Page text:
Rami Ungar, Author of “Reborn City”

THUMBNAIL_IMAGEHi, Rami. What is “Reborn City” about?

Simply put, my book is about a young girl forced to join a street gang in a city similar to Las Vegas about forty-five years in the future. And forty-five years in the future, the world’s pretty different. For one thing, the United States doesn’t exist. Instead, the world’s become divided up into city-states and small nations. Another interesting thing is that my main character’s religion, Islam, has been demonized in certain places, so she’s got a tough time of things. I thought those elements would make the beginning of a great novel. I hope the readers agree!

What inspired you to write this particular story?

I was walking home from the library one day listening to a CD I’d just checked out. There were rap and rock tunes on it, and I thought it would be a great soundtrack to a gangster movie. And at that point I thought to myself, “Why not write a story with gangsters?” That was really the basis of what would become Reborn City.

What challenges did you face as you wrote this book?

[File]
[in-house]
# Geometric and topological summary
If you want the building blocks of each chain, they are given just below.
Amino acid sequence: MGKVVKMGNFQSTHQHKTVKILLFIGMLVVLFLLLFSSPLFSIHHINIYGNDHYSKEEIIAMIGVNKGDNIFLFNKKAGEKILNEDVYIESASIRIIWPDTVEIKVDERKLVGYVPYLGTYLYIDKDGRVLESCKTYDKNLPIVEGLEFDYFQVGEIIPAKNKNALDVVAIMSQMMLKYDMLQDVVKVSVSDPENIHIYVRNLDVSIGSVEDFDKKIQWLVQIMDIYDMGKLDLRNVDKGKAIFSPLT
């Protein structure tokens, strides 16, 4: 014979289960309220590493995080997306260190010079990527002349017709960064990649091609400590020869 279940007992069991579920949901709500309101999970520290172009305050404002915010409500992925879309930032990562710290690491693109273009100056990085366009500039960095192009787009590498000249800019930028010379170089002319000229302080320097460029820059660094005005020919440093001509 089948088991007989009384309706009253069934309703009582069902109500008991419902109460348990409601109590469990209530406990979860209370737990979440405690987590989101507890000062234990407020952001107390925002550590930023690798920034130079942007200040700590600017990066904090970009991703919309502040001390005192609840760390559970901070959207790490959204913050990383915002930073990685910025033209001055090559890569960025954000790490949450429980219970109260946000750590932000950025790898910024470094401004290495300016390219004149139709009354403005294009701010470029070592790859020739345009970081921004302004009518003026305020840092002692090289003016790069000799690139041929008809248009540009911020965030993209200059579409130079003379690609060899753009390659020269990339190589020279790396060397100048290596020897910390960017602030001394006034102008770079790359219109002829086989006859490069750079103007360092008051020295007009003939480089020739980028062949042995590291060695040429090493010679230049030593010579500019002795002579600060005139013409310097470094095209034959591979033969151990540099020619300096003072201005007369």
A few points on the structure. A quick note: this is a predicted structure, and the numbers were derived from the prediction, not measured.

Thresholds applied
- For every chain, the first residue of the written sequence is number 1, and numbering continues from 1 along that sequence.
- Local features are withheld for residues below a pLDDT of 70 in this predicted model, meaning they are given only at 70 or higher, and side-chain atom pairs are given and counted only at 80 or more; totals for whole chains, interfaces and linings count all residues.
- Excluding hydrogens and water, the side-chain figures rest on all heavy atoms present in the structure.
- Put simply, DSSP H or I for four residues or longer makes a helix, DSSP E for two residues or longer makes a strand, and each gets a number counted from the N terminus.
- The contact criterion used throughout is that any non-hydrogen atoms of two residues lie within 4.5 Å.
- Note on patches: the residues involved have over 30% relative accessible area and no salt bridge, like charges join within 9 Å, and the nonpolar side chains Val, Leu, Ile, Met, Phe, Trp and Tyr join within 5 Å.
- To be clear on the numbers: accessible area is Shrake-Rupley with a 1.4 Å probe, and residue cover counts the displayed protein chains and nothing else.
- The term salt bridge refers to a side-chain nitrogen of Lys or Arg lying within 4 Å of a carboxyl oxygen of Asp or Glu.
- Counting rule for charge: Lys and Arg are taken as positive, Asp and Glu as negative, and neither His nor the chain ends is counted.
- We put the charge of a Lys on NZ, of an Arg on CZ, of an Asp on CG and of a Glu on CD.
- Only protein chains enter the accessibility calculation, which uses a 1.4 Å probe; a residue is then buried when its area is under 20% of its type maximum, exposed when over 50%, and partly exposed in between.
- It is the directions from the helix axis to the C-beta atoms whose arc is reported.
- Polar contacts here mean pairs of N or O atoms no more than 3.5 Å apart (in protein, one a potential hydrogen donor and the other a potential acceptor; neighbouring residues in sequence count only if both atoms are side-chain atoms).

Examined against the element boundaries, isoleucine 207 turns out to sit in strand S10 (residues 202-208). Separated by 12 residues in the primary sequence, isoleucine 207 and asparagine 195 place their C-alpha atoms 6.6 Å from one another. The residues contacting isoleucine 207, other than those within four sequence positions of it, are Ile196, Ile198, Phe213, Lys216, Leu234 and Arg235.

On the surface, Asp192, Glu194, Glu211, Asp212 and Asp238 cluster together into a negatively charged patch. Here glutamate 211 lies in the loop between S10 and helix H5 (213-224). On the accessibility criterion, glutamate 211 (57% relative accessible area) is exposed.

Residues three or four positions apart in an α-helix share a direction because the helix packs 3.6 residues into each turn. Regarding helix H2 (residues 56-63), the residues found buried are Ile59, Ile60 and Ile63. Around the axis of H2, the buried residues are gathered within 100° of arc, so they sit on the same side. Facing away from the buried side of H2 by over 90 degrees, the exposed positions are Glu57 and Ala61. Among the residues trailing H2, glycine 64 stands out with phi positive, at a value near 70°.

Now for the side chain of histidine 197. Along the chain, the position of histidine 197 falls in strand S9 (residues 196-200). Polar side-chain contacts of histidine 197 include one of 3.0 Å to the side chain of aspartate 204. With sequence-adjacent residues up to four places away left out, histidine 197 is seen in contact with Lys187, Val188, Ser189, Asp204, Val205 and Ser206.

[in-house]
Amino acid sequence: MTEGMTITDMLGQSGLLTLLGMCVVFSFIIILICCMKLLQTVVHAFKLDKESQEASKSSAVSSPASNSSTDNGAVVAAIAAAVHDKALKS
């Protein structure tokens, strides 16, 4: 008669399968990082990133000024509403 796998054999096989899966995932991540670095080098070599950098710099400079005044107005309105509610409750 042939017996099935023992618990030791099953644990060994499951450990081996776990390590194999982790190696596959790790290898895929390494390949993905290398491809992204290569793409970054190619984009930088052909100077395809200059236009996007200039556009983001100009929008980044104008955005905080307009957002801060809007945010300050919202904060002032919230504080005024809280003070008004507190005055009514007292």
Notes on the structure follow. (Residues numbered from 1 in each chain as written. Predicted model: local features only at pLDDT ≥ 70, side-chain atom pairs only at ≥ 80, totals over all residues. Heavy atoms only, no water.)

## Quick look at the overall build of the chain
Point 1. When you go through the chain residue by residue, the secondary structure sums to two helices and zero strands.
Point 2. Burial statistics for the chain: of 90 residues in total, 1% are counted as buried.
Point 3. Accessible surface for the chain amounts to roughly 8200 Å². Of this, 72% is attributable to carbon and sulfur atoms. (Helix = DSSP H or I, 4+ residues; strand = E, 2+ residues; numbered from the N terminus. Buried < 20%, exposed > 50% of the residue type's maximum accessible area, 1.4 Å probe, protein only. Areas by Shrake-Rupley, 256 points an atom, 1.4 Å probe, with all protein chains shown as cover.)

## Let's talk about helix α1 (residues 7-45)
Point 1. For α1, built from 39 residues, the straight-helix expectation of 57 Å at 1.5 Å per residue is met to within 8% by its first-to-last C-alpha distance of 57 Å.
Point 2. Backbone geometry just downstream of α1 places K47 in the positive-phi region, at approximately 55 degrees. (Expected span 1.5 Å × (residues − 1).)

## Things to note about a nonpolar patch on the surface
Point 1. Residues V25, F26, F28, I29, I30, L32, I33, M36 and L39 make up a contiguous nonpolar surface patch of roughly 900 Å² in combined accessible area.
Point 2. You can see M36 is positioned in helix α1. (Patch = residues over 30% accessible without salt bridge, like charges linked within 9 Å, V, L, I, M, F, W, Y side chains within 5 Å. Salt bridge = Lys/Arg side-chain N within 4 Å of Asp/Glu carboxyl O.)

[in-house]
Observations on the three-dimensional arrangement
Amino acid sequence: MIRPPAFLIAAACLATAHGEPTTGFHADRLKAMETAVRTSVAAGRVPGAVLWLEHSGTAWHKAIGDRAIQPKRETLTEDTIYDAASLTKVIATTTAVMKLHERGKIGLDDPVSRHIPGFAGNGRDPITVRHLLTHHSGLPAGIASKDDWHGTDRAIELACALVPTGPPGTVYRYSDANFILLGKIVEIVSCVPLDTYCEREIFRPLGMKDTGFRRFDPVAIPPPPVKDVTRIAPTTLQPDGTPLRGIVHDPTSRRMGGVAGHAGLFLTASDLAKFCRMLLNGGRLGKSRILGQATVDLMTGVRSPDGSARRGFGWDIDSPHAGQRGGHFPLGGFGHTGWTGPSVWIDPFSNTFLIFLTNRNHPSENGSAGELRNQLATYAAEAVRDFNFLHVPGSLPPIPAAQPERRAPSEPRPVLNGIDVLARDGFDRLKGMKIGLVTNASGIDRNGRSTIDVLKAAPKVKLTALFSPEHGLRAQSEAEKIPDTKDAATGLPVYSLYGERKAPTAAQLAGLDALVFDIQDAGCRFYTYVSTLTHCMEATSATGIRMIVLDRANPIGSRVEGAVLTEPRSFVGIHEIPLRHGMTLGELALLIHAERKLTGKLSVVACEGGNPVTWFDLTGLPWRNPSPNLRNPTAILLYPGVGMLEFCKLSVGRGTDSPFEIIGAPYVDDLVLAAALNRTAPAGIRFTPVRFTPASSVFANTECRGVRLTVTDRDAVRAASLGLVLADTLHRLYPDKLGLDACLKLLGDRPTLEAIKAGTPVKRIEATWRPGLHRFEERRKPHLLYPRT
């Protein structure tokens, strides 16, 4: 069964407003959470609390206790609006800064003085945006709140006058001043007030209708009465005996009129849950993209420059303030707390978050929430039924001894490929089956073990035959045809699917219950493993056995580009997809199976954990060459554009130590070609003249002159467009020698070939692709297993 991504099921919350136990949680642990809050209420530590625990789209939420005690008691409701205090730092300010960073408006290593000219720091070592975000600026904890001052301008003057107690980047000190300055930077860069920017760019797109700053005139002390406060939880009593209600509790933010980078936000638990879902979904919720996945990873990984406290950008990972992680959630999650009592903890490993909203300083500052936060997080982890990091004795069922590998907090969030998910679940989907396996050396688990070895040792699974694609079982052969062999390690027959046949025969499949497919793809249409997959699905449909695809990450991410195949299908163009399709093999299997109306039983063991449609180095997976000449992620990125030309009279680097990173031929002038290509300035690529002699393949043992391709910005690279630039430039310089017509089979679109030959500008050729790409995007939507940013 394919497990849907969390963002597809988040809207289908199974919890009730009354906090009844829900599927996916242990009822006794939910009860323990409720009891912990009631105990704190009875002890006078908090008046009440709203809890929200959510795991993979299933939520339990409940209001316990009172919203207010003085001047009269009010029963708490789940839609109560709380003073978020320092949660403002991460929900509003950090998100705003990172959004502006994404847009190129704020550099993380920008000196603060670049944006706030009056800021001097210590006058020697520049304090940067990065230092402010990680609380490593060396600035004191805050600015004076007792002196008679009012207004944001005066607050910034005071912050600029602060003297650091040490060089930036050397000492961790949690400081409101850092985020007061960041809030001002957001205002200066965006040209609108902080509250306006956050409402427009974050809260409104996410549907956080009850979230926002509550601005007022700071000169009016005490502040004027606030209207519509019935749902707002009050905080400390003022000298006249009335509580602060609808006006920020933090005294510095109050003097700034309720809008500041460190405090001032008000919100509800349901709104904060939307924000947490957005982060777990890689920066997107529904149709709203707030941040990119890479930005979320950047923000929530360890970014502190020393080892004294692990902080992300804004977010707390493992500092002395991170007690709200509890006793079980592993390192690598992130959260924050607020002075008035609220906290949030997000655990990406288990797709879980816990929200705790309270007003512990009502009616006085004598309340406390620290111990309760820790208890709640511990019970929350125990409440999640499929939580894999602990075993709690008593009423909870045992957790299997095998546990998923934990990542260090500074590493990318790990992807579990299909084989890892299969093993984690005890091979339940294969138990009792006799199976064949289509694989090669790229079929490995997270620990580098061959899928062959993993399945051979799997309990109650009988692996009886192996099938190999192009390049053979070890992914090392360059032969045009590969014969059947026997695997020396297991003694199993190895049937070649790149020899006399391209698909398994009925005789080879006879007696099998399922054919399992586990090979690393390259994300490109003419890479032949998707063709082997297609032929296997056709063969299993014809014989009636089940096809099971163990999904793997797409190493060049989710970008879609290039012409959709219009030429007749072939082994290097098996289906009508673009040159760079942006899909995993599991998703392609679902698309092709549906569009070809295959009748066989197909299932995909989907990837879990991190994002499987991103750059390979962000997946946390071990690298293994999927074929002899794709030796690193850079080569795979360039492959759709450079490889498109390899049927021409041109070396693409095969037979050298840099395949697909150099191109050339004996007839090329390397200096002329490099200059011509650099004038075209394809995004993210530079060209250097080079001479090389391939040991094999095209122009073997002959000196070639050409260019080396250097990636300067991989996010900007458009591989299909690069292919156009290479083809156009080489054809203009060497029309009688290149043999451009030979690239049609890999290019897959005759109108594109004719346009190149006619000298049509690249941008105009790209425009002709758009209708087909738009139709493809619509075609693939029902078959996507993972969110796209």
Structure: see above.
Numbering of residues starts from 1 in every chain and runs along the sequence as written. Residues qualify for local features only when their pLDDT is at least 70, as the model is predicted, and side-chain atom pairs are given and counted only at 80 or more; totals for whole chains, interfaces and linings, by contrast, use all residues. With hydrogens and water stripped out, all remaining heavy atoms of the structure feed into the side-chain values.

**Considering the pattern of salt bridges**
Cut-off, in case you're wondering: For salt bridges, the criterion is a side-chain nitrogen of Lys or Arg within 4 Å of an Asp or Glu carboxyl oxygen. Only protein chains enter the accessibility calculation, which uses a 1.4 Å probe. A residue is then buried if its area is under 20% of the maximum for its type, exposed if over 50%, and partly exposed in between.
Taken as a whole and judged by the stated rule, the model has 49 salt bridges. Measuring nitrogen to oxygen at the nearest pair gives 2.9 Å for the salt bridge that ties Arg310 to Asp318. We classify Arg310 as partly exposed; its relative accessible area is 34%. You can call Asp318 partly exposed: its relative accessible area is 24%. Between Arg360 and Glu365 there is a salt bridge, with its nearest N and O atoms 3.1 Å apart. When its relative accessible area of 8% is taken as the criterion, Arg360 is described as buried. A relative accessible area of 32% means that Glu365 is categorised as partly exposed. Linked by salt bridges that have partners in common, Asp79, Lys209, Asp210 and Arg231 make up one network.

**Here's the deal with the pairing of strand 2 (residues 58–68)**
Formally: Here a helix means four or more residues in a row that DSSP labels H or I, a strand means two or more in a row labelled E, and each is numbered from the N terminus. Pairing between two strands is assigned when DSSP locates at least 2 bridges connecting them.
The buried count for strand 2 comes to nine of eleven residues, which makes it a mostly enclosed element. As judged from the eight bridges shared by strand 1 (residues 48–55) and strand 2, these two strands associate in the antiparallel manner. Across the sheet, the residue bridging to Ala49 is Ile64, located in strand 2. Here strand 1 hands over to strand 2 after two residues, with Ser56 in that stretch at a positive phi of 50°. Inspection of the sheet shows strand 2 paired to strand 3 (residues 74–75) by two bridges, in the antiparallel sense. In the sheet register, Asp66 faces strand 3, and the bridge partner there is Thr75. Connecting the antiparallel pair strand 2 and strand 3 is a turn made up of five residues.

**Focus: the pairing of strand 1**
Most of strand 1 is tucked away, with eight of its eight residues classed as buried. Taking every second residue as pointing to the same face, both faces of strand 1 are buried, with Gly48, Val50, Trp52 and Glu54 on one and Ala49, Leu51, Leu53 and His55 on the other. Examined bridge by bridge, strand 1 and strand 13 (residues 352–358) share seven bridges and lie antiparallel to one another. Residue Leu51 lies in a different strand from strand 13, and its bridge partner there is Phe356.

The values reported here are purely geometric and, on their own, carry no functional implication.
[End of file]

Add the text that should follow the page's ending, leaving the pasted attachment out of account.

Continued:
Mostly finding the time to write! I wrote this for two years in high school, and I took a lot of breaks for homework, an after school job, five weeks in Israel, and a few other factors really slowed me down. It’s a wonder I got the manuscript done. But finished it I did, and then I spent an extra two years editing it. I’m happy with how it turned out though, so I’m glad I took the time to write and polish it. With future projects though I’d like to cut down the time from writing to publishing it by at least half.

Did you do any research for the book? If so, how did you do it?

Mostly I did research on gang violence and Islam, subjects I was mostly unfamiliar with. I read the memoir Monster by Sanyika Shakur to learn about the former, and I read The Idiot’s Guide to Islam for the latter. I also did research on drugs and drug addiction, because one of my characters is a recovering drug addict. I also looked at some pictures of different Las Vegas casinos, because after all the setting is a city modeled after Vegas. It took a lot of time, but I got the information I felt I needed to make the story seem authentic to readers.

Tell us a little about your main characters. Who was your favorite?